Implied Consent, Refusing a Breath Test, and the Consequences of a DUI in Chesterfield, VA

In Virginia, when you get pulled over for driving under the influence (DUI) the arresting officer asks you to take a breath or blood test. What if you say yes? What if you refuse? Do you have to take one right there by law? What happens next?

Know About Virginia Driving and Implied Consent
Virginia law requires you to take a blood or breath test if you are arrested for a DUI in Chesterfield. Virginia’s “implied consent” law says that if you are lawfully arrested by an officer who has probable cause to believe that you are driving under the influence, then you automatically consent to taking a chemical test of your blood, breath, or both, to determine your blood alcohol content (BAC) or the presence of drugs. The tests must be taken within three hours of driving. Usually the officer offers a breath test first. If one is unavailable, or you can’t complete it, then the officer will ask for a blood test.

You could be asked to take a preliminary breath test before your arrest. The officer uses test results to establish probable cause. If you refuse to take a preliminary test it cannot be used against you in the Chesterfield courts. The officer can still arrest you and then you will be required to take the test under the Virginia law (Virginia Code Annotated 18.2-268.2).

Refusal to Take a DUI Breath or Blood Test
Once you are taken under arrest an officer should let you know that if you refuse to take a chemical test, evidence of your refusal can be used against you in court, and your license is immediately suspended. Refusal to take a Breath or Blood Test is a separate charge from the primary DUI offense. After your first refusal, your driver’s license is suspended for one year. Although a first refusal is not a crime, Virginia law considers a second or subsequent refusal within 10 years as a criminal misdemeanor carrying a license suspension of three years. This is a crime that remains on your record.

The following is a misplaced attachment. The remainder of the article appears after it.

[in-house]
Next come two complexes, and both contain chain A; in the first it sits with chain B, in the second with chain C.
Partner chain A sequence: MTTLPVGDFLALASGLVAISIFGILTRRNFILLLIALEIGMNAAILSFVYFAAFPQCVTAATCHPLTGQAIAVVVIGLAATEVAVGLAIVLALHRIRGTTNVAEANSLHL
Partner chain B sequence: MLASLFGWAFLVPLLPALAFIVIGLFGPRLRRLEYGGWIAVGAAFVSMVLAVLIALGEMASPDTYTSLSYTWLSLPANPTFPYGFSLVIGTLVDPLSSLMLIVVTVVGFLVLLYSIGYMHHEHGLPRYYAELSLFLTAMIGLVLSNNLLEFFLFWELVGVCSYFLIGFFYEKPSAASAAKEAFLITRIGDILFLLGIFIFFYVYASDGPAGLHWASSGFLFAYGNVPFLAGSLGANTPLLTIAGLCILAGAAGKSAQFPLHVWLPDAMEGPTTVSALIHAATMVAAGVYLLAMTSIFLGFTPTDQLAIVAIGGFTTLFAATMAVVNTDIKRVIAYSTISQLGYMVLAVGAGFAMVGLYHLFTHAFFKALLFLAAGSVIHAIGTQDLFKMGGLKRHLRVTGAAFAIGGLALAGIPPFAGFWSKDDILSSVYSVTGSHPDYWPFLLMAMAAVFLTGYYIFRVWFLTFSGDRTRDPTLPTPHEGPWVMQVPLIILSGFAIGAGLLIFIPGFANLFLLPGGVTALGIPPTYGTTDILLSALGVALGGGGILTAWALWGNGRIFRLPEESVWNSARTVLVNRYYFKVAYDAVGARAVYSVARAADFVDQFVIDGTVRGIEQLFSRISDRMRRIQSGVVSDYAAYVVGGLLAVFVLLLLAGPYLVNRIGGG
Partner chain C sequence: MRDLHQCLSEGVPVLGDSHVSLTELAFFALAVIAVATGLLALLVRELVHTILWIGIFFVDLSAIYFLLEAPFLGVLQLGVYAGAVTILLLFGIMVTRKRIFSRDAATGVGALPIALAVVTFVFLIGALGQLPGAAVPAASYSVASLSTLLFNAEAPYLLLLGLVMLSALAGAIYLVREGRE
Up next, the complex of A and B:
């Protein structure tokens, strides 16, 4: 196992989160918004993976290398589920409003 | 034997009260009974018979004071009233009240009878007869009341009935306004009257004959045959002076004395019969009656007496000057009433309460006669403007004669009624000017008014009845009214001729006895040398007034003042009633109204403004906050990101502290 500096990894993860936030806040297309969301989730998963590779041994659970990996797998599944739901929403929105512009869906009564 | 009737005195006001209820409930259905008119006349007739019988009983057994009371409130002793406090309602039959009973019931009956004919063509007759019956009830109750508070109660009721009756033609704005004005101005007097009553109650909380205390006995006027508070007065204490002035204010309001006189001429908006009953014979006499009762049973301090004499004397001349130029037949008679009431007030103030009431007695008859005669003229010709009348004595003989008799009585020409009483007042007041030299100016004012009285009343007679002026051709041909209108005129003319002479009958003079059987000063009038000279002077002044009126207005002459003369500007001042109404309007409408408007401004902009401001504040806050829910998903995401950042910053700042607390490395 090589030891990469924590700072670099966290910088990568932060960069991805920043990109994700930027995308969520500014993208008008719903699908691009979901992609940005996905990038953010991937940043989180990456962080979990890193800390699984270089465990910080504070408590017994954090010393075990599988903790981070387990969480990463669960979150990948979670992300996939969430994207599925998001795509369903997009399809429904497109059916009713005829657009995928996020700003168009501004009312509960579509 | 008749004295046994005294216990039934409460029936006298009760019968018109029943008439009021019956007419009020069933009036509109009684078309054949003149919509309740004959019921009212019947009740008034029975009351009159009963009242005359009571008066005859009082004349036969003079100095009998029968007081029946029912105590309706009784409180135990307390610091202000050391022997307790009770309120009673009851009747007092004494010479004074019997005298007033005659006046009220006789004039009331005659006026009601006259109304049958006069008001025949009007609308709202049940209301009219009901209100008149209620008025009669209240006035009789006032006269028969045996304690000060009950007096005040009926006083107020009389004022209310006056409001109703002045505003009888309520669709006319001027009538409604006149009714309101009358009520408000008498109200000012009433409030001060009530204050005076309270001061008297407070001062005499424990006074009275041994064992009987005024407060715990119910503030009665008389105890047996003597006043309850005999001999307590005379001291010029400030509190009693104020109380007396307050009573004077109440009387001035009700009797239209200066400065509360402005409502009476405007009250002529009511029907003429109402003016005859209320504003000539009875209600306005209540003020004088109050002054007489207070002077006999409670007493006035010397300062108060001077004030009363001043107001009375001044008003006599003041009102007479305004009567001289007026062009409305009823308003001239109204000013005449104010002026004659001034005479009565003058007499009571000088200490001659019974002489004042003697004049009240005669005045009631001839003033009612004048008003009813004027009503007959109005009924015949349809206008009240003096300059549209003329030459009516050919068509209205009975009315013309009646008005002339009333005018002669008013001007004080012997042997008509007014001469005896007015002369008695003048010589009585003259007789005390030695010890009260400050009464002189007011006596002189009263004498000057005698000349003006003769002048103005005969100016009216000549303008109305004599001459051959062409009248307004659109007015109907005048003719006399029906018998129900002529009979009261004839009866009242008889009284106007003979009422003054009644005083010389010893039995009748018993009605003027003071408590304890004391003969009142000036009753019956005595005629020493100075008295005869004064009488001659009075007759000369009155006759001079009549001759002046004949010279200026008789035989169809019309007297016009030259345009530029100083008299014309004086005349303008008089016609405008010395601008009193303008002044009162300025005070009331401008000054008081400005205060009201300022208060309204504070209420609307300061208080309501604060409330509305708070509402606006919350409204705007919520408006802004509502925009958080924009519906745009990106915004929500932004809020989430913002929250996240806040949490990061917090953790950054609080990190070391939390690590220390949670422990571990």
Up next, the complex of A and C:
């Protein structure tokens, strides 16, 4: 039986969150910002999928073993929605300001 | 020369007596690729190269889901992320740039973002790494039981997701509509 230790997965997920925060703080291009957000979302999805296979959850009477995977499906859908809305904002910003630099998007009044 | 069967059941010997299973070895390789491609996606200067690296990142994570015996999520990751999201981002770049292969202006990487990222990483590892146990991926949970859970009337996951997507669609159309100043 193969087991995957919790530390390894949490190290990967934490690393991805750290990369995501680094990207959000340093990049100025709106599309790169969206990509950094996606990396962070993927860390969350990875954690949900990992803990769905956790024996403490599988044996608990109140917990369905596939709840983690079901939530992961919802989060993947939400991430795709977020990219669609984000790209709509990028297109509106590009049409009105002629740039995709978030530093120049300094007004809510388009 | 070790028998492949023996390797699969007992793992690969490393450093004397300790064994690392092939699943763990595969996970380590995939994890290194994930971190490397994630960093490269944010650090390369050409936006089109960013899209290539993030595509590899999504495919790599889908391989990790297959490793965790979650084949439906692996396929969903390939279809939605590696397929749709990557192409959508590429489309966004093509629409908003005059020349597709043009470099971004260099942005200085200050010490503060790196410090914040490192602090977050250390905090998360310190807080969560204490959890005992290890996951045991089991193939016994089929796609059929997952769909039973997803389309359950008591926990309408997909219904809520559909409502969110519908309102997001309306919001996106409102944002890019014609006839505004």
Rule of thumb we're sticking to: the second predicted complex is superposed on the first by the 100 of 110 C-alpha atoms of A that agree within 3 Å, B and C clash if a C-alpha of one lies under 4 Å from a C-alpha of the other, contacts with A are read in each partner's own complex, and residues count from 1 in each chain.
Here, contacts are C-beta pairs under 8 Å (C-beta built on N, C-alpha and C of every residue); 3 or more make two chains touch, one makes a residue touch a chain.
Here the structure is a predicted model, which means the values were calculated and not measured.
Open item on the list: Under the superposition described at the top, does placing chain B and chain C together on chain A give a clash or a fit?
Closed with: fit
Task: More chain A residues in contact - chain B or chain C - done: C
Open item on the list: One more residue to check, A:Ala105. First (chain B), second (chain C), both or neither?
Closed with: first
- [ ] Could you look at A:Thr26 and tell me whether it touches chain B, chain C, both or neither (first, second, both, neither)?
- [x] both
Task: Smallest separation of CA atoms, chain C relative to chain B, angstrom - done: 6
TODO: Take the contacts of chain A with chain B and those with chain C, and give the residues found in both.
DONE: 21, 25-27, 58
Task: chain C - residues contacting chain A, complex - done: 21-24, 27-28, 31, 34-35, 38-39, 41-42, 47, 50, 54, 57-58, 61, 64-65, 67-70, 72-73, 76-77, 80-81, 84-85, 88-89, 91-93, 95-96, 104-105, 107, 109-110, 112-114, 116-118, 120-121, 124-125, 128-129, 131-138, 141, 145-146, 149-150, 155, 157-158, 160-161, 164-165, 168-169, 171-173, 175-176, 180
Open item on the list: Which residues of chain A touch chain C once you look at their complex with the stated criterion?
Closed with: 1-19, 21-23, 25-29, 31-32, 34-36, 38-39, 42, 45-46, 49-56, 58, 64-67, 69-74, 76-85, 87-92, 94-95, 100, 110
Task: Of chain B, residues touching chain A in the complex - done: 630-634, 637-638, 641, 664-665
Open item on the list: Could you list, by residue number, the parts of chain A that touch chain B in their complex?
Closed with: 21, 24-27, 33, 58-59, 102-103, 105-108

The officer will suspend your license, called an administrative suspension, as soon as you refuse. Suspension length depends on prior DUI convictions or refusals. It does not count toward the one-year or three-year suspensions mentioned above. The administrative suspension period could be anywhere from seven to 60 days. It will be served in addition to the one or three-year penalty imposed by the Chesterfield DUI court for your refusal. The consequences of refusal are stated in the Virginia Code Annotated 18.2-268.3.

Refusing the Virginia DUI Test Does Not Protect Your Innocence
When you refuse to take a blood or breath test at your arrest for a first-time DUI in Chesterfield, Virginia, you will pay a $250 fine. You go to jail if your BAC is .15% or higher, which is almost twice the .08% legal limit. Assuming your BAC is less than .15%, this is a milder penalty than a year-long suspension for refusal. Still, refusing the test does nothing to guarantee you won’t be convicted. Even if your refusal means the state has no proof your BAC was over .08%, the over 21 legal limit, you could be found guilty of a DUI. In fact, the prosecution can use your refusal against you by presenting the argument that you refused the test because you knew you were intoxicated and driving – guilty of DUI. Regardless of whether you are licensed by the state of Virginia, if you refuse to submit to DUI testing you can face serious consequences such as license suspensions, fines and jail time. The Court can prove DUI with other evidence presented, such as driving behavior, appearance, speech, field sobriety tests, witness statements, and admissions by the client.

Hire an Experienced DUI Attorney for Your Best Chesterfield DUI Defense
If you are arrested for DUI in Chesterfield, VA contact a local criminal defense attorney with experience building a solid defense record against DUI charges as quickly as possible. Only then can you begin building an adequate defense. A DUI conviction has serious consequences that can trigger greater severity when determining sentencing after secondary or subsequent offenses. Your best decision is to hire a criminal defense attorney who has first-hand experience with local Chesterfield courts and Virginia DUI laws who understands what needs to be done to win your best DUI outcome.


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